Diwali is a time for celebration, and Indian celebrations are incomplete without sweets. Yet, for the weight-conscious, indulging in the tons of fat-loaded mithai can be too much to digest. Not anymore, as we speak to chefs and nutritionists on different ways to make healthy sweets, just to make
your festive season a whole lot sweeter.
The healthy oil
The amount and type of oil you use determines how healthy your sweets are. “Prepare sweets using olive oil or coconut oil, as saturated fats in cooking oil clogs your veins and eventually causes harm,” says Isahaque Mondal, sous chef at Ibis Hotel. “Even pure ghee can be used as it does not turn into fat once consumed,” says Amit Chakraborti, executive chef, Tunga Regenza.
The right kind of milk
Experts suggest using milk made from almonds, rice or oats, or skimmed milk instead of the regular kind for making sweets. “The better alternative is raw yoghurt, as it has acidophilus bacteria which help in digestion,” says Mondal. “Use skimmed milk powder to prepare rice puddings, kheer (sweet porridge) or fruit custards,” says nutritionist Nupur Krishnan. In addition to these, the use of cow’s milk or soya milk helps in lessening calories. “You can also use cow’s milk to cut down on the fat content and calories. Soya milk, which is rich in proteins, high in fibre and low in calories, is a better option compared to cow’s milk,” explains Mondal.
Healthy variety of sweets
Including dry fruits in sweets is another healthy option. “Make sweets out of dry fruits and nuts like almonds, dates, walnuts or figs, as they are a good source of Omega 3 fatty acids, vitamins and minerals, and low in calories. Avoid or use fewer cashews, peanuts and pistachios as they are high in calories and fat content,” says Kawad. “Try to consume dry fruit barfis, like anjeer (fig) barfi, as it is a good source of calcium and fibre,” adds Krishnan.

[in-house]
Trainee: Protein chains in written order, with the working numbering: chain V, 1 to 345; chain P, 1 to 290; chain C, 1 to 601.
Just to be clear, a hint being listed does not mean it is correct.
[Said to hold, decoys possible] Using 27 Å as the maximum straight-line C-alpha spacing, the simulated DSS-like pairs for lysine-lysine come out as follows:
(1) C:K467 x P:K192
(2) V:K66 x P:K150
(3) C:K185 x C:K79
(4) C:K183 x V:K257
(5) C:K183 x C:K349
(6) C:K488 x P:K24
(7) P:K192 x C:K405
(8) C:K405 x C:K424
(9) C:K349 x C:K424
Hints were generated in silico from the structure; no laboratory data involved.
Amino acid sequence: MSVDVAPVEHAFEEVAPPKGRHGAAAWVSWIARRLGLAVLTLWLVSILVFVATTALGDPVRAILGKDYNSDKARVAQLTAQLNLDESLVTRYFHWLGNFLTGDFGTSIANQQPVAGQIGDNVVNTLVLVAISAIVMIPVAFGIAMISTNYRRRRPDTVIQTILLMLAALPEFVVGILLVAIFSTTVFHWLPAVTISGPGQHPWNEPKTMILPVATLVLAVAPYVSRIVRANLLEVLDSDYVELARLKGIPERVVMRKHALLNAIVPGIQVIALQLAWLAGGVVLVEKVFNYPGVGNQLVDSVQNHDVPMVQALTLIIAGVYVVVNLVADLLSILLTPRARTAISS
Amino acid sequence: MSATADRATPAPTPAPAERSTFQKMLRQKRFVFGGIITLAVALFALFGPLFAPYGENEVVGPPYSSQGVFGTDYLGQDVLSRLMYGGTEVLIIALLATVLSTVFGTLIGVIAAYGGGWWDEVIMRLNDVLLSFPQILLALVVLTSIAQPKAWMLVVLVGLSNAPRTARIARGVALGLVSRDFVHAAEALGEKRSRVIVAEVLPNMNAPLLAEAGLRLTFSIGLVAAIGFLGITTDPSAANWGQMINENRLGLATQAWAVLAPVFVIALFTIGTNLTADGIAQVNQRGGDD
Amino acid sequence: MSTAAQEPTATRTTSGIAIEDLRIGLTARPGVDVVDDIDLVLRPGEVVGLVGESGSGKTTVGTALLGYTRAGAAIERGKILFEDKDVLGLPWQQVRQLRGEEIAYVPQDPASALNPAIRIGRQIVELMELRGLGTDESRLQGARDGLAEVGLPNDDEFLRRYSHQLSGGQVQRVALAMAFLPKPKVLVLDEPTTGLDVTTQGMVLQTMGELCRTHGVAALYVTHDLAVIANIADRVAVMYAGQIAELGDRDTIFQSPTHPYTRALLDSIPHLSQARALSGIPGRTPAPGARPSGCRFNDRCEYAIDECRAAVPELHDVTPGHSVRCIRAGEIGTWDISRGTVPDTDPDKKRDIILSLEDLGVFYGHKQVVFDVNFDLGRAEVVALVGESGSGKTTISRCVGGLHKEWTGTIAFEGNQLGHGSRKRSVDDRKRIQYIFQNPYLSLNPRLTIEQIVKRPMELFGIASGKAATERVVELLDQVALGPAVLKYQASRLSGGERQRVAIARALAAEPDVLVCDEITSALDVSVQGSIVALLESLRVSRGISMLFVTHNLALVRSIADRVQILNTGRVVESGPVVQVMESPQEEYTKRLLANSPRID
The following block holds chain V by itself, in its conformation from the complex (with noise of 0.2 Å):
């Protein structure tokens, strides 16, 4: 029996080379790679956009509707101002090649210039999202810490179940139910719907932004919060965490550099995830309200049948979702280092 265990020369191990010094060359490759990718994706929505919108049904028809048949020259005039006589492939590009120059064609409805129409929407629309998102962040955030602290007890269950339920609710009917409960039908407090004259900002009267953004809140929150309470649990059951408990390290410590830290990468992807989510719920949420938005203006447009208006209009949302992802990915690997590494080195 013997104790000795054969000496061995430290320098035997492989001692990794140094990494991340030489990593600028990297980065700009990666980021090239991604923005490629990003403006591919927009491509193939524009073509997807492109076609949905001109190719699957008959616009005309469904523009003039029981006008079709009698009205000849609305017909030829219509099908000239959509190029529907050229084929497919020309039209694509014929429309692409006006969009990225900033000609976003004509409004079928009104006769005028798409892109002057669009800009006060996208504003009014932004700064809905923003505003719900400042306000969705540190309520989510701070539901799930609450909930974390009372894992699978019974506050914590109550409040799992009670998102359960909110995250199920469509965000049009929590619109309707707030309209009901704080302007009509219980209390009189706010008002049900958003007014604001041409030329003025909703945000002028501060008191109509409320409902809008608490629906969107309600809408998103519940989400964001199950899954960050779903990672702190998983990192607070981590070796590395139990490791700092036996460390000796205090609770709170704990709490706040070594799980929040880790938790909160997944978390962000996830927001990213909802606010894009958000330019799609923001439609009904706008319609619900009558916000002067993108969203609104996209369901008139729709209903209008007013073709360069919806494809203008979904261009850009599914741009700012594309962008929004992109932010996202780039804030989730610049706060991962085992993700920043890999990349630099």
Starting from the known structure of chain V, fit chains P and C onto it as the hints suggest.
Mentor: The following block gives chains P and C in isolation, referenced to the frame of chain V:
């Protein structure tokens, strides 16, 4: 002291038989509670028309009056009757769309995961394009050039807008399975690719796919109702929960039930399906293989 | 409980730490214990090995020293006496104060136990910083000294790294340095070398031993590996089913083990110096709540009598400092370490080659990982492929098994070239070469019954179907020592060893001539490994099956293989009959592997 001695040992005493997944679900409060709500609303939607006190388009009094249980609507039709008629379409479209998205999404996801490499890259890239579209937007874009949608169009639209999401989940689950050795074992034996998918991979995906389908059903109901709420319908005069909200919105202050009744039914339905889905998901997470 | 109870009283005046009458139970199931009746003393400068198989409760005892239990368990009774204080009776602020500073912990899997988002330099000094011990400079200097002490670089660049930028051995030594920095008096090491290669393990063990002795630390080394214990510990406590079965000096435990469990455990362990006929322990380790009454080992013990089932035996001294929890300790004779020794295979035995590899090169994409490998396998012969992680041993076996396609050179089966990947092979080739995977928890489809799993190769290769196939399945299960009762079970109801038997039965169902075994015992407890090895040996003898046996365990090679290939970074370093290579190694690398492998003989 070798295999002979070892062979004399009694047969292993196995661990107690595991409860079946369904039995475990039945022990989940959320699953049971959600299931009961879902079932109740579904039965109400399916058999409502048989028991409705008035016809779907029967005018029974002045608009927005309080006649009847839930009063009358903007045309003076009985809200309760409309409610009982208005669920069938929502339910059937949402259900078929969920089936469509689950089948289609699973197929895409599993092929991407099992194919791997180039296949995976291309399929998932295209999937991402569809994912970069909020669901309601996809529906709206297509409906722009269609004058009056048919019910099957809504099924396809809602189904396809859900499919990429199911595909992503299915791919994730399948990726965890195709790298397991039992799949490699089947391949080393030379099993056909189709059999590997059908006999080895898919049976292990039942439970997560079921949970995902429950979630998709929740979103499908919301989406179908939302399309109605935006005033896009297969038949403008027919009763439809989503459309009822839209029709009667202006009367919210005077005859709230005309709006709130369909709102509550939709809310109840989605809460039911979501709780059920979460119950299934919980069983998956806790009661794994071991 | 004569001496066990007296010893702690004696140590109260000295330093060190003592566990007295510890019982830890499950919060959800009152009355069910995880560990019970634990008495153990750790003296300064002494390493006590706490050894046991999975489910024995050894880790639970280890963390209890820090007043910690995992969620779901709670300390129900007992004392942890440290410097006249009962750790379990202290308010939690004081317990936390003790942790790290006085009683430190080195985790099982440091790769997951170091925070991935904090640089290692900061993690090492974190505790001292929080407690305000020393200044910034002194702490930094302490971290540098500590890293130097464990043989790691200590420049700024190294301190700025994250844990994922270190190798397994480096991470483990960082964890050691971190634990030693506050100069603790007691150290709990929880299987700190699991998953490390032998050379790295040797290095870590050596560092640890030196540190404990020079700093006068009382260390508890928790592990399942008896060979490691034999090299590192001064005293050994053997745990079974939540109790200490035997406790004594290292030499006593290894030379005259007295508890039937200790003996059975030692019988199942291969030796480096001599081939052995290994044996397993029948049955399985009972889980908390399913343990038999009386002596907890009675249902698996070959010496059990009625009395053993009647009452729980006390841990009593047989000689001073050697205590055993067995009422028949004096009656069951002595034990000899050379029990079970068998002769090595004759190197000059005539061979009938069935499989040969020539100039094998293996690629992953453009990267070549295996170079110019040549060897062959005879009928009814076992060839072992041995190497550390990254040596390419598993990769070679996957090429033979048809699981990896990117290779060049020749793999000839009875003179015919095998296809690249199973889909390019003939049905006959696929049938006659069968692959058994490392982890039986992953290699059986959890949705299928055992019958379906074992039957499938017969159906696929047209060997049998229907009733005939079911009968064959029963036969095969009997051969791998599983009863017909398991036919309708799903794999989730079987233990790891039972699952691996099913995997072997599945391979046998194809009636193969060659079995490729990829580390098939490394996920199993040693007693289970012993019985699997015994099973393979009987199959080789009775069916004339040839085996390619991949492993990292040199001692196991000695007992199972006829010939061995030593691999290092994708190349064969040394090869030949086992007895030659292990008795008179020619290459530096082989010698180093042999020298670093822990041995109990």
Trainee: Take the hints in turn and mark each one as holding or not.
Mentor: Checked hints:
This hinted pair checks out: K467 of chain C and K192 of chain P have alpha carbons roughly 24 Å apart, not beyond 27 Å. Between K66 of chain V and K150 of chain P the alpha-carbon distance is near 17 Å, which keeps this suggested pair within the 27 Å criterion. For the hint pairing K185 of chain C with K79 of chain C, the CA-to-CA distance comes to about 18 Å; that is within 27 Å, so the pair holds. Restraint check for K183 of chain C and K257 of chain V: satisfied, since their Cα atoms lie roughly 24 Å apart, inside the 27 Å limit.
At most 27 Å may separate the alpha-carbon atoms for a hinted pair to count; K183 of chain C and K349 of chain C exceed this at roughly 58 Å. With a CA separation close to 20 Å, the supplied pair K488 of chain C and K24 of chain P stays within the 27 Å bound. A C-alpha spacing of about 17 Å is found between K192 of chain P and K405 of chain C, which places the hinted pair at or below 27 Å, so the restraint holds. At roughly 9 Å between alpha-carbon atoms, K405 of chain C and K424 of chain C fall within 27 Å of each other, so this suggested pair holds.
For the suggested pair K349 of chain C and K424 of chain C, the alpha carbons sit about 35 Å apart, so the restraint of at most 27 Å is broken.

Try this healthy sweet recipe this festive season
1/2 cup lasoon (garlic) n 2 cups milk
3 tbsp honey n 2 tbsp mawa n 5 pods crushed cardamom n a pinch of saffron (kesar)
Cut garlic in fine slices. Boil half a litre of water in a saucepan. Add garlic flakes when the water is boiling and cook for 5 minutes. Remove from flame and drain. Boil milk in a thick-bottomed pan. When milk begins to boil, add honey and cook for 5 minutes over a low flame, stirring continuously. Add mawa to thicken milk and then add garlic flakes. Remove from flame. Add dissolved saffron and crushed cardamom. Serve hot.
Garlic contains compounds like allicin, which is supposed to suppress the appetite and help in weight loss. And since the recipe also contains honey, it is healthier.
- Amit Chakraborti, executive chef, Tunga Regenza, Navi Mumbai
A substitute for sugar
Instead of using refined sugar, natural sweeteners are safer and healthier as they contain sucrose. “Make your mithai by adding natural sweeteners like honey or jaggery,” says Munira Jawadwala Kawad, nutrition expert at Gold’s Gym. “You can also substitute sugar with rose petals, which are not only more appealing as compared to refined sugar, but also contain fibre,” says Krishnan.
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